In this story the boulder hurts him less
pouring back down that steep hill.
It’s the village below that flattens;
mothers that look nothing like his
or the women he consumed flood
a Texas family detention facility;
their children learn how to settle
into cruelty, the crouch and crush
of anonymity; a whiplash of torches
casket an otherwise pleasant white
anytown main street; an unquiet
border wall divides in- from exhale.
The smile Camus paints on his rock-
soft face refuses to surrender to gravity,
joyously. Halleluiah, inconsequential
aftermaths. Praise collateral damage.
That there is nothing apart from the push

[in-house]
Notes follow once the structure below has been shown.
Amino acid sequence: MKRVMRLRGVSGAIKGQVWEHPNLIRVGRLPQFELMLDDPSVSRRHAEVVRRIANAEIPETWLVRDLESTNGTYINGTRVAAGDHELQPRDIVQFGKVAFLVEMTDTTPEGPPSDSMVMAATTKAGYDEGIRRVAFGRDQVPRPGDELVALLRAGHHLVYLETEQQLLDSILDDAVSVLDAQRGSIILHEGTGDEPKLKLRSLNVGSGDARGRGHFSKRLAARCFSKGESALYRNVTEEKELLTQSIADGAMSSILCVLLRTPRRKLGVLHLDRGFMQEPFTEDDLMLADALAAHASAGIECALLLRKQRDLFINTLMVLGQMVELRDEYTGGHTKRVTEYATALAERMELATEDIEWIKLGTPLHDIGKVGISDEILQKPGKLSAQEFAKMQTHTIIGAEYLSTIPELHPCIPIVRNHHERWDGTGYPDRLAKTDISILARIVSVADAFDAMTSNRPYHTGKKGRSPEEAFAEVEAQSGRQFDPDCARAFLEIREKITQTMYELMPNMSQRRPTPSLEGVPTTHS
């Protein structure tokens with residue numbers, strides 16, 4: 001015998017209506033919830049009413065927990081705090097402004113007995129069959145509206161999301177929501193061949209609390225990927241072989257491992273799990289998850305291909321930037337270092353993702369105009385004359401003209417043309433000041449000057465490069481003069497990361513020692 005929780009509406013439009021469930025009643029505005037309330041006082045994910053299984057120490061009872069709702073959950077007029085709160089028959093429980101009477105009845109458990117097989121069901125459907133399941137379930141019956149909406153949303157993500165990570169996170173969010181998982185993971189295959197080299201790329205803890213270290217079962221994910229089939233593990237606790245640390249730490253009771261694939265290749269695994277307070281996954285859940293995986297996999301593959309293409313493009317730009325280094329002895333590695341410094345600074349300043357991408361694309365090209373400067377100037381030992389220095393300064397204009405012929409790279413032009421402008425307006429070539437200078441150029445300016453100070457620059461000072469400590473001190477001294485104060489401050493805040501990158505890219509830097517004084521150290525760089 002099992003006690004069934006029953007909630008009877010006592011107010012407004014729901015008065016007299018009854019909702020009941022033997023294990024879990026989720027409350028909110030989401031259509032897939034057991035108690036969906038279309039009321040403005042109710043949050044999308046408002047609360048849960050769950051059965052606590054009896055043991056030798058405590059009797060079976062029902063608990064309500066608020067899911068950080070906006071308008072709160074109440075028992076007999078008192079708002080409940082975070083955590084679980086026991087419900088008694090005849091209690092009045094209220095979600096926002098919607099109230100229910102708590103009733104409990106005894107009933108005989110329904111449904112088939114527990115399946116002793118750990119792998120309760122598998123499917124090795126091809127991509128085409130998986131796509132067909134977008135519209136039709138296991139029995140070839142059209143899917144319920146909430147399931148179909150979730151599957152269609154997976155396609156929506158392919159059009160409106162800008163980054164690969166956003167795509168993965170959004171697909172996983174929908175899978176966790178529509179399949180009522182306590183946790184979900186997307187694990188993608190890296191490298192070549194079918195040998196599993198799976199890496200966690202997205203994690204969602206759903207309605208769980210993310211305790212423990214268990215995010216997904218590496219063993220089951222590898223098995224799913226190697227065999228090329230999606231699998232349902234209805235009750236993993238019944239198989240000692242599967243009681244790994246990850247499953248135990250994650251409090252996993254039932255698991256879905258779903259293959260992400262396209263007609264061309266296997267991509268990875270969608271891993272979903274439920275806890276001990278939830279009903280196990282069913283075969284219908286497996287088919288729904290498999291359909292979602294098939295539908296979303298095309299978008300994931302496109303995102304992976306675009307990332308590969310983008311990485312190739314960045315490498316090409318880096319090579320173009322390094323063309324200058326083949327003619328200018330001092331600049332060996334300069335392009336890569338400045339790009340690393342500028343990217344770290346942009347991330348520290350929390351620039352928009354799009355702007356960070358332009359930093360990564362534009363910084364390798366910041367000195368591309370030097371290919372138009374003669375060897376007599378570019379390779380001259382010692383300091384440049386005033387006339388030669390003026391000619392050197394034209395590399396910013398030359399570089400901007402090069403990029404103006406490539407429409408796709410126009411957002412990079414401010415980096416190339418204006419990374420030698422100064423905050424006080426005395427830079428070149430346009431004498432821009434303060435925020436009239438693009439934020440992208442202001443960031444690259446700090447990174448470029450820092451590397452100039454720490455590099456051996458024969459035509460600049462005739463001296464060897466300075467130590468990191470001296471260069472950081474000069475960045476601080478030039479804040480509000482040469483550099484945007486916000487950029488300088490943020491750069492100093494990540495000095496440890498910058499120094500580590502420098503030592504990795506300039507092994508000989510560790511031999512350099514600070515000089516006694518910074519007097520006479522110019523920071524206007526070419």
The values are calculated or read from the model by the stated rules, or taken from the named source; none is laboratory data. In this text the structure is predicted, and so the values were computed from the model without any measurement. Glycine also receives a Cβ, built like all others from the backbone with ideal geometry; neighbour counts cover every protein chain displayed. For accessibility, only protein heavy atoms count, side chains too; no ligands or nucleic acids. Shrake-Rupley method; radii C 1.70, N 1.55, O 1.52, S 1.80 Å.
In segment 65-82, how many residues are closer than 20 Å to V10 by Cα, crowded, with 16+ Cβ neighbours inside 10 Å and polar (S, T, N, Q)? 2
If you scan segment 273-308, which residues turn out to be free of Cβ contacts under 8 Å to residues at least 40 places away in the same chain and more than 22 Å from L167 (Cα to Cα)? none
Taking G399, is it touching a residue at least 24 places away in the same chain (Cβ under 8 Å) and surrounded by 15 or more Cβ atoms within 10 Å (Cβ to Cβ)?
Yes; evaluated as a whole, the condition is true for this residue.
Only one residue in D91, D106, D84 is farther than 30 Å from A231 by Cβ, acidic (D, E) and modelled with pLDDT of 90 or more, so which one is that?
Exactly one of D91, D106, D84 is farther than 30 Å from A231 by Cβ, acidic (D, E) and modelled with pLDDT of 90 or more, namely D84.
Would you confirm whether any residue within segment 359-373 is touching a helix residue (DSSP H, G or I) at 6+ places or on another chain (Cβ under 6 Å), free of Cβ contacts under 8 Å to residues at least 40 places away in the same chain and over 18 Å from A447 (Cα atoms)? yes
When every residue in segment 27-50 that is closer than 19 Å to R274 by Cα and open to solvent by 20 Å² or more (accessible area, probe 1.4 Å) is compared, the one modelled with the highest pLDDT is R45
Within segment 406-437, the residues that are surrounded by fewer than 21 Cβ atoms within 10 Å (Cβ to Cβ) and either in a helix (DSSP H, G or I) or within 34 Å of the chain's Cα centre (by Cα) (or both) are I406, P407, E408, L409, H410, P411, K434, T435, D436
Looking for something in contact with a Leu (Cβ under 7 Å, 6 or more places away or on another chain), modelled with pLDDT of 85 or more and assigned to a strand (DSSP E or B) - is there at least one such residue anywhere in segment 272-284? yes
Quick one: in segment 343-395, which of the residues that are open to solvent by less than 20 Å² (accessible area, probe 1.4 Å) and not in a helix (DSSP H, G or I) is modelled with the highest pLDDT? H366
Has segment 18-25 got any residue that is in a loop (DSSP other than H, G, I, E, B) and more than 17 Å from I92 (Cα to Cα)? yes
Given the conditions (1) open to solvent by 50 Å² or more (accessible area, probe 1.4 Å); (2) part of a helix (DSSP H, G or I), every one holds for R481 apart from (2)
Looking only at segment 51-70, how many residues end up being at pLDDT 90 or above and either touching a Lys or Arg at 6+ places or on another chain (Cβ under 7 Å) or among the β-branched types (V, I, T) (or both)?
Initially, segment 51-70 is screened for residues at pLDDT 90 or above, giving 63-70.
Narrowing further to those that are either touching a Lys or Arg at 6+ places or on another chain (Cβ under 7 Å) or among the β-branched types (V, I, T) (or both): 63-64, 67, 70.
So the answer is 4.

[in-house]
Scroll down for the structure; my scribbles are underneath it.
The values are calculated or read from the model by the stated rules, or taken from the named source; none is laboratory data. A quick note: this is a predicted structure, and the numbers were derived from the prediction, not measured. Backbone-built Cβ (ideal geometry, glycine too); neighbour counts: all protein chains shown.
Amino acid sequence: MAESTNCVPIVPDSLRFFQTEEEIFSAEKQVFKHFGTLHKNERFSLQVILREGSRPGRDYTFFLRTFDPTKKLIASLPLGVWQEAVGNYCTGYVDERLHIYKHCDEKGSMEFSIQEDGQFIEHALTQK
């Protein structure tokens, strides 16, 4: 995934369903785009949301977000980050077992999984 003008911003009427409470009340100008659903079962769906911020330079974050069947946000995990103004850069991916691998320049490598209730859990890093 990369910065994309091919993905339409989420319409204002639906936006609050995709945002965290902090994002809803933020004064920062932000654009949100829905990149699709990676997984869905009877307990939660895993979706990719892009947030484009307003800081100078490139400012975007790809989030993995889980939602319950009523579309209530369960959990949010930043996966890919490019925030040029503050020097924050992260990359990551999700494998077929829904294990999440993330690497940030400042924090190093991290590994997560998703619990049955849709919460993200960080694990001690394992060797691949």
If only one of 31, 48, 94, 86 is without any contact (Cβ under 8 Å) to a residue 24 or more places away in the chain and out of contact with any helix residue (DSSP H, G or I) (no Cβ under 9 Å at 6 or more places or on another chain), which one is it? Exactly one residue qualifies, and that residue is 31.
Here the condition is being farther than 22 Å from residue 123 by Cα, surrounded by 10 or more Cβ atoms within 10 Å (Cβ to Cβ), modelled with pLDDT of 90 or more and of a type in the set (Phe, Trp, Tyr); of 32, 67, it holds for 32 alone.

some still call prayer. Heart. Heroism.
That this aped anthem just keeps singing
itself hungry. That no matter how brutal
a king, the narrative the gods fashioned
for him from another’s human clay
daggers its way into my father’s living
room every night. As we eat what someone
else killed. As he tries to tuck my children into
a myth that calcifies the louder he conjures it.
John Sibley Williams is the author of the collections “As One Fire Consumes Another” (winner of the Orison Poetry Prize) and “Skin Memory” (winner of the Backwaters Prize). He is the editor of the Inflectionist Review.
This article appears in the 15 Jul 2020 issue of the New Statesman, Race for the vaccine